BERLIN — The Vienna Philharmonic on May 2 made the first stop on an ambitious tour that extends to the bicentenary of Bruckner’s birth in 2024. The orchestra is performing a cycle of nine symphonies, each accompanied by a freshly commissioned work, in cathedrals across Europe under the baton of Christian Thielemann. Their appearance at the Berliner Dom took on unexpected relevance in the aftermath of the fire at Notre-Dame de Paris (where a stop was planned for 2021), and the concert accordingly was given under the motto of “solidarity” in face of the damage.
An opening speech by the president of the Fondazione Pro Musica e Arte Sacra, which is sponsoring the cycle, had a sermonizing tone that may not be to the taste of every concertgoer. But there is no doubt that the project has the potential to illuminate Bruckner’s symphonies as works that embody both a musical language that was radical at the time and a deep-seated sense of faith. The pairing of his Second Symphony with Christian Mason’s Eternity in an Hour, premiered in Vienna on April 27, only underscored that there are no clear answers to existential questions in the current age, even if Bruckner’s monumental score ultimately dwarfed the approximately 16-minute work.
Eternity in an Hour, the second installment of the orchestra cycle Time and Eternity, explores Mason’s enduring interest in the notion, or non-existence, of time. The 34-year-old British composer combines melodic invention with extended techniques to create moments of pathos and clear dramatic tension. Yet one almost wishes that he narrowed down his ideas — some of which are repurposed from an opera-in-progress — and spun them out over a larger canvas.
The second movement, “Existential Interlude (1): It is what it is…’,” vacillates effectively between ethereal and stormy textures, with a short brass chorale followed by flute and celesta, which the score indicates should enter “like bird-song through dawn mist.” Woodwind fluttering found an effective echo in the cathedral, while the brass had a tendency to swim in the acoustic environment.
The final movement, “the omnipotent God,” features a short but sweeping melody that first appears in the winds and later as a variation in the strings. By contrast, in the final measures, a monumental gesture in the brass cedes suddenly to fleeting, scratching textures in the strings.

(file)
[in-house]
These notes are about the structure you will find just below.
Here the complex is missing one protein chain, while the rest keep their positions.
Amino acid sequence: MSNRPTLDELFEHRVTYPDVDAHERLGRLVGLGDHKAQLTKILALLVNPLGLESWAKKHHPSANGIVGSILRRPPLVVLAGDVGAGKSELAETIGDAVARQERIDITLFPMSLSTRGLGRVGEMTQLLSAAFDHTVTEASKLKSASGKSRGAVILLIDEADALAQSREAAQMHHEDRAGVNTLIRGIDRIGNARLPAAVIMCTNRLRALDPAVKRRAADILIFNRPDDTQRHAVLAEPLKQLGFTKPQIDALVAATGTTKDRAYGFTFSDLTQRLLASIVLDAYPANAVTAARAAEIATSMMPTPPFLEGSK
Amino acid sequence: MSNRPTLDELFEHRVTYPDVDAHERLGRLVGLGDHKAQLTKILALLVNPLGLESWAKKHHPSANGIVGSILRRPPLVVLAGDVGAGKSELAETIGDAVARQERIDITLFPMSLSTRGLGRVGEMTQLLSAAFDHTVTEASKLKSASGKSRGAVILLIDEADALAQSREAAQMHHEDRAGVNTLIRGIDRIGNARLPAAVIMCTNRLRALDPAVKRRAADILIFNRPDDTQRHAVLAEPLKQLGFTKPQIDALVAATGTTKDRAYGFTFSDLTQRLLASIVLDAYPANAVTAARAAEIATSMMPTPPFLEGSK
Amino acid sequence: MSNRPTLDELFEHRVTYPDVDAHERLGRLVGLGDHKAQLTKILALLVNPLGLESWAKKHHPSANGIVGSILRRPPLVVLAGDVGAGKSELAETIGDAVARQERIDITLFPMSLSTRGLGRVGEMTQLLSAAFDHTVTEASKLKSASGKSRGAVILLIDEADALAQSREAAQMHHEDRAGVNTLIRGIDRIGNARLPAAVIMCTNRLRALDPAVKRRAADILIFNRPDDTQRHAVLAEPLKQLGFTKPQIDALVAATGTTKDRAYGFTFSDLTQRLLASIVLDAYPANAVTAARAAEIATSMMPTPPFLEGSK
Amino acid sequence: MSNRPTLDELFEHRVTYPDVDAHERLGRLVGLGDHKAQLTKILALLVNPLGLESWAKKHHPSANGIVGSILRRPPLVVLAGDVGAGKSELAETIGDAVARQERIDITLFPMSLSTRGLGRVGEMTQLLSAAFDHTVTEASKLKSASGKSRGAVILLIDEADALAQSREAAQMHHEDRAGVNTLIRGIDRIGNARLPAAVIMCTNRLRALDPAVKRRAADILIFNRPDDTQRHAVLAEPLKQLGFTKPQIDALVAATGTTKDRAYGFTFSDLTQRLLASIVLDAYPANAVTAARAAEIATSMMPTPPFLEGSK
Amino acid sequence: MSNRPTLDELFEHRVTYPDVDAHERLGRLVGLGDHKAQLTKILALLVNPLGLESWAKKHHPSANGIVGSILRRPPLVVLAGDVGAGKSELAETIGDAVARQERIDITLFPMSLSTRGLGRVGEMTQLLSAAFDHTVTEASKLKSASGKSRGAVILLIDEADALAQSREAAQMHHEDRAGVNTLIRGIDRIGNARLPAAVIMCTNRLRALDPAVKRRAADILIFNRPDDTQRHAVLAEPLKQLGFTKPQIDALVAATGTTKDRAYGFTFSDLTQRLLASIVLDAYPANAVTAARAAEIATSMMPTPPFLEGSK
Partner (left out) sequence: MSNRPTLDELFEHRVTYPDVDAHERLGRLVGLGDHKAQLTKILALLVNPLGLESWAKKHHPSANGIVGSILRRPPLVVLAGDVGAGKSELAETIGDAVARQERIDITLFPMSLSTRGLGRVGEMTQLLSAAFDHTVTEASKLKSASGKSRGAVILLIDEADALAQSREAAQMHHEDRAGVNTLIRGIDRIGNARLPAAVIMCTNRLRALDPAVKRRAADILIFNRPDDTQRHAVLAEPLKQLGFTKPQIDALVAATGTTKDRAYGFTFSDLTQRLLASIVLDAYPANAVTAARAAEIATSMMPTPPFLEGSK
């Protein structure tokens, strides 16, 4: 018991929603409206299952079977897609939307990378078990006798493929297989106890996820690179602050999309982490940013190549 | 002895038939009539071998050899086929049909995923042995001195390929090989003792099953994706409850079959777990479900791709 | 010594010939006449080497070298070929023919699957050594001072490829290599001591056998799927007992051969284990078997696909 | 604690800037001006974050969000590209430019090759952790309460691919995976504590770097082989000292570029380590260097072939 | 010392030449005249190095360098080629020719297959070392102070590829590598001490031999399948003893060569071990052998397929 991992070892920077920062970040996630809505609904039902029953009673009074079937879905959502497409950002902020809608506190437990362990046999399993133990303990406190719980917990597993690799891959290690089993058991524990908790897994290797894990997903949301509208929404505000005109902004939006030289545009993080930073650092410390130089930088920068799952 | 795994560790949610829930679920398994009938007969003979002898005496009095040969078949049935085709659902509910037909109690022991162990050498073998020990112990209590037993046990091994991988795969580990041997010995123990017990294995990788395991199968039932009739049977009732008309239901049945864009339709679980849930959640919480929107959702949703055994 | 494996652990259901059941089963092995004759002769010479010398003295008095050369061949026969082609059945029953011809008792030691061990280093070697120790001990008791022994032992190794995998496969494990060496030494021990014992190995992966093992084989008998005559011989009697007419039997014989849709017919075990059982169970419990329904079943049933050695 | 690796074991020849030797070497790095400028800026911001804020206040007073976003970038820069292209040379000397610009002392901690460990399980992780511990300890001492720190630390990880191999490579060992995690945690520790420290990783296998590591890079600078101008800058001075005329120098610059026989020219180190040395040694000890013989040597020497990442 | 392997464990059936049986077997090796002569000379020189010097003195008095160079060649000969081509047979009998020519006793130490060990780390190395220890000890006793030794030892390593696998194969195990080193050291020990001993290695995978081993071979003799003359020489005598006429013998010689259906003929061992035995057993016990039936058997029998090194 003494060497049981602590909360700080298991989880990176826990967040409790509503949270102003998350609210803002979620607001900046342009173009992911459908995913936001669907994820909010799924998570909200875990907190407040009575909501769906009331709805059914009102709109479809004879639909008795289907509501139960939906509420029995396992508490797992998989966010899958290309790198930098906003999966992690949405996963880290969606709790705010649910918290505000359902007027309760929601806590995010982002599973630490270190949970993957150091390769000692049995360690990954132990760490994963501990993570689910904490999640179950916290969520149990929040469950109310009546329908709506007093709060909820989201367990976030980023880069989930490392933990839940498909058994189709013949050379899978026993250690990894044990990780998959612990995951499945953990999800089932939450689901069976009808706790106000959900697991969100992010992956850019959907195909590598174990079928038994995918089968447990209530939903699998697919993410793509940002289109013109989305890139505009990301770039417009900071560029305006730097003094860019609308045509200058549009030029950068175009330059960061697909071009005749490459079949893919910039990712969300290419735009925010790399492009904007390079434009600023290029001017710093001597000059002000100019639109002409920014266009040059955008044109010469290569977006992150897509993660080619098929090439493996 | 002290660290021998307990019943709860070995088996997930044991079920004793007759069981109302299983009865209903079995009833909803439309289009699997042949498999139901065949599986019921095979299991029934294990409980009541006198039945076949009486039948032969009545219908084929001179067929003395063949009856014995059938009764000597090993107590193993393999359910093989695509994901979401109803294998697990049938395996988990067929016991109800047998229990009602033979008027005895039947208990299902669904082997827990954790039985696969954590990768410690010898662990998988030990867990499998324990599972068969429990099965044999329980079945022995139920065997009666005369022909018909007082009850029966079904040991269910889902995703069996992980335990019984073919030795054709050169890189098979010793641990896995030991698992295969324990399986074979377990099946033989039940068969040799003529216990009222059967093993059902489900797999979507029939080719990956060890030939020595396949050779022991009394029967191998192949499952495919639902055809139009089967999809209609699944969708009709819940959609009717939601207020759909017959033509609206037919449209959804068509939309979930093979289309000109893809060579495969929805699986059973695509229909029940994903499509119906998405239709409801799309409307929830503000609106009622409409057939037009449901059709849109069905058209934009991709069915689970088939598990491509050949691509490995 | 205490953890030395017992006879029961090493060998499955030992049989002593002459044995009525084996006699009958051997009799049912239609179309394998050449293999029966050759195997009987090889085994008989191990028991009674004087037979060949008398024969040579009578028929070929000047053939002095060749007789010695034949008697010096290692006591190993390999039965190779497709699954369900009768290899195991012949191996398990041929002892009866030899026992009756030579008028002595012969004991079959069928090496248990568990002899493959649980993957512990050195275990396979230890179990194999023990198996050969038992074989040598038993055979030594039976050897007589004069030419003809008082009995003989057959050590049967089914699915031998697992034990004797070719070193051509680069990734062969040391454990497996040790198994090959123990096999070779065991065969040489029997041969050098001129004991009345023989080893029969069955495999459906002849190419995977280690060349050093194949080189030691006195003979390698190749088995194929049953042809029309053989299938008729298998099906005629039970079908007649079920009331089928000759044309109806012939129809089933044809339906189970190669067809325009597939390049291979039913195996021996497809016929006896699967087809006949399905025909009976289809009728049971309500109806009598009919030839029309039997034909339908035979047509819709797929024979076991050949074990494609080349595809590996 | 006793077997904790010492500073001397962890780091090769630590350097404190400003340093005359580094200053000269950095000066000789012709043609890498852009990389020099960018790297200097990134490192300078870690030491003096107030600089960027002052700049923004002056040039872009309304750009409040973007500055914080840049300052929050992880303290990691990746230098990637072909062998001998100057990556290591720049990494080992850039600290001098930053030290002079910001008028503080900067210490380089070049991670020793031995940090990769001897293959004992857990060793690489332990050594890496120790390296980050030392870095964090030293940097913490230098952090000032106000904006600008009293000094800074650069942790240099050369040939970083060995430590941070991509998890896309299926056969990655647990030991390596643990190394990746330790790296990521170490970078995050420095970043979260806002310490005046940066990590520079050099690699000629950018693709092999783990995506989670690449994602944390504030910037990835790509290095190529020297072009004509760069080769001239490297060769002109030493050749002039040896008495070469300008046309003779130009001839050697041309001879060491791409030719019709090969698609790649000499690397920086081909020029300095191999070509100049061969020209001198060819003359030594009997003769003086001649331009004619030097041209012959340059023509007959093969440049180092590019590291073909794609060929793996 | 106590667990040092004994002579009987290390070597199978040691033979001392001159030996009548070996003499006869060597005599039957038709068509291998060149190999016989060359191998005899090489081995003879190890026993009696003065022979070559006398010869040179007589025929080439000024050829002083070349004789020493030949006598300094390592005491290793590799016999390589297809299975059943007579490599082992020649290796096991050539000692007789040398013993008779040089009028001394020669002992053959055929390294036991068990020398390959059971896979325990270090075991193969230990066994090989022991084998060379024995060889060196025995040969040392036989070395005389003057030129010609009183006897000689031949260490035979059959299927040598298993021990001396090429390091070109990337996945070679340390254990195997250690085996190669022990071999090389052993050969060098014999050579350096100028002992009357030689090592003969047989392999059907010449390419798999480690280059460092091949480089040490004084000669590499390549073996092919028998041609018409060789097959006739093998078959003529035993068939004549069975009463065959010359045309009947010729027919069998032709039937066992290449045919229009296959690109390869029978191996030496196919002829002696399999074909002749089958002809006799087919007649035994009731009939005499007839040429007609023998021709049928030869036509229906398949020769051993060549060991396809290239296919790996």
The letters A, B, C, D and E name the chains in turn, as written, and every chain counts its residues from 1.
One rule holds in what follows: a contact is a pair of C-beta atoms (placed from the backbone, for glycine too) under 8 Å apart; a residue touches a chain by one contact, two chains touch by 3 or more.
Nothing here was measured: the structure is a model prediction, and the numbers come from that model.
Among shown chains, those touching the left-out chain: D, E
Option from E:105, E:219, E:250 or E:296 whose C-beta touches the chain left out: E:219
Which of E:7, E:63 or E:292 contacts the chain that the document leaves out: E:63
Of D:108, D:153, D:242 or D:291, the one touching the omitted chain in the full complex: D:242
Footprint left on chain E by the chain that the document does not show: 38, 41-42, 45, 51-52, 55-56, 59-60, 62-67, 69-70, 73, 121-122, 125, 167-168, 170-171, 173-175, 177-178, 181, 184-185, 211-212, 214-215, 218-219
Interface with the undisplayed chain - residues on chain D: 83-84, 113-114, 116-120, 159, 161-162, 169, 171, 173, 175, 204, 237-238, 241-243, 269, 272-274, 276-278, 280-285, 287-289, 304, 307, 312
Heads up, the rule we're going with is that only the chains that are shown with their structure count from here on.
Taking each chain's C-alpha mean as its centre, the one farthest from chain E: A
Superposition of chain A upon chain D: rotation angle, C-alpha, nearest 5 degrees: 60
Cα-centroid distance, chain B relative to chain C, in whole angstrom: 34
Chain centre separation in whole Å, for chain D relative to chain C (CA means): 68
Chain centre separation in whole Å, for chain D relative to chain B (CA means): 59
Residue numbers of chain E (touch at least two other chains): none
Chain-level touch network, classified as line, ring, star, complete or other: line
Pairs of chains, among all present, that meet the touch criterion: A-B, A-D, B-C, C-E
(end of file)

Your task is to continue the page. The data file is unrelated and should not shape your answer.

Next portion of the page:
The work has an earnest, searching quality, but so rapid is the fluctuation between moods and color that it ultimately does not leave the listener satisfied (or was the Philharmonic also not entirely convinced?). On the other hand, it is worth recalling that Bruckner’s Second was deemed unplayable by the conductor Otto Dessoff in 1872. Bruckner conducted the Philharmonic himself at the premiere the following year.
As heard under Thielemann in the revised 1877 version, the music has its share of quick changes in temperament, particularly in the final movement, which is by turns wistful, fervent, melancholy, and dance-like. But Bruckner’s transitions never seem inorganic.
The echoes of the cathedral were a bit unfortunate for the flutes that rise from the mist at the onset of the opening movement, but the Philharmonic nevertheless expertly conveyed Bruckner’s spiritual struggle. The orchestra may be unrivaled for the gentle, singing quality it brings to broad melodies such as the opening theme of the Andante, and Thielemann — whose forte unabashedly lies in 19th-century Austro-Germanic repertoire — is a sound choice of partner.
The string pizzicati of the same movement were ideally in sync before a deep sense of melancholy entered, which was then offset by undulating figures in the strings and woodwinds. The pianissimo ending called to mind the last breath of a dying man. The third movement emerged like a Ride of the Valkyries through the skies, with particular warmth in the low strings.
But for all its intoxicating Wagnerian textures, the symphony ends with a clear affirmation of human faith, ascending from a brass chorale into a running string motive. It may sound clichéd, but in an age when places of worship are attacked by gunmen and cathedrals mysteriously break out into flames, Bruckner’s music remains a vital force.
Rebecca Schmid is a music writer based in Berlin, contributing to publications such as the Financial Times and International New York Times. As a doctoral candidate at the Humboldt-Universität zu Berlin, she is writing about the compositional legacy of Kurt Weill.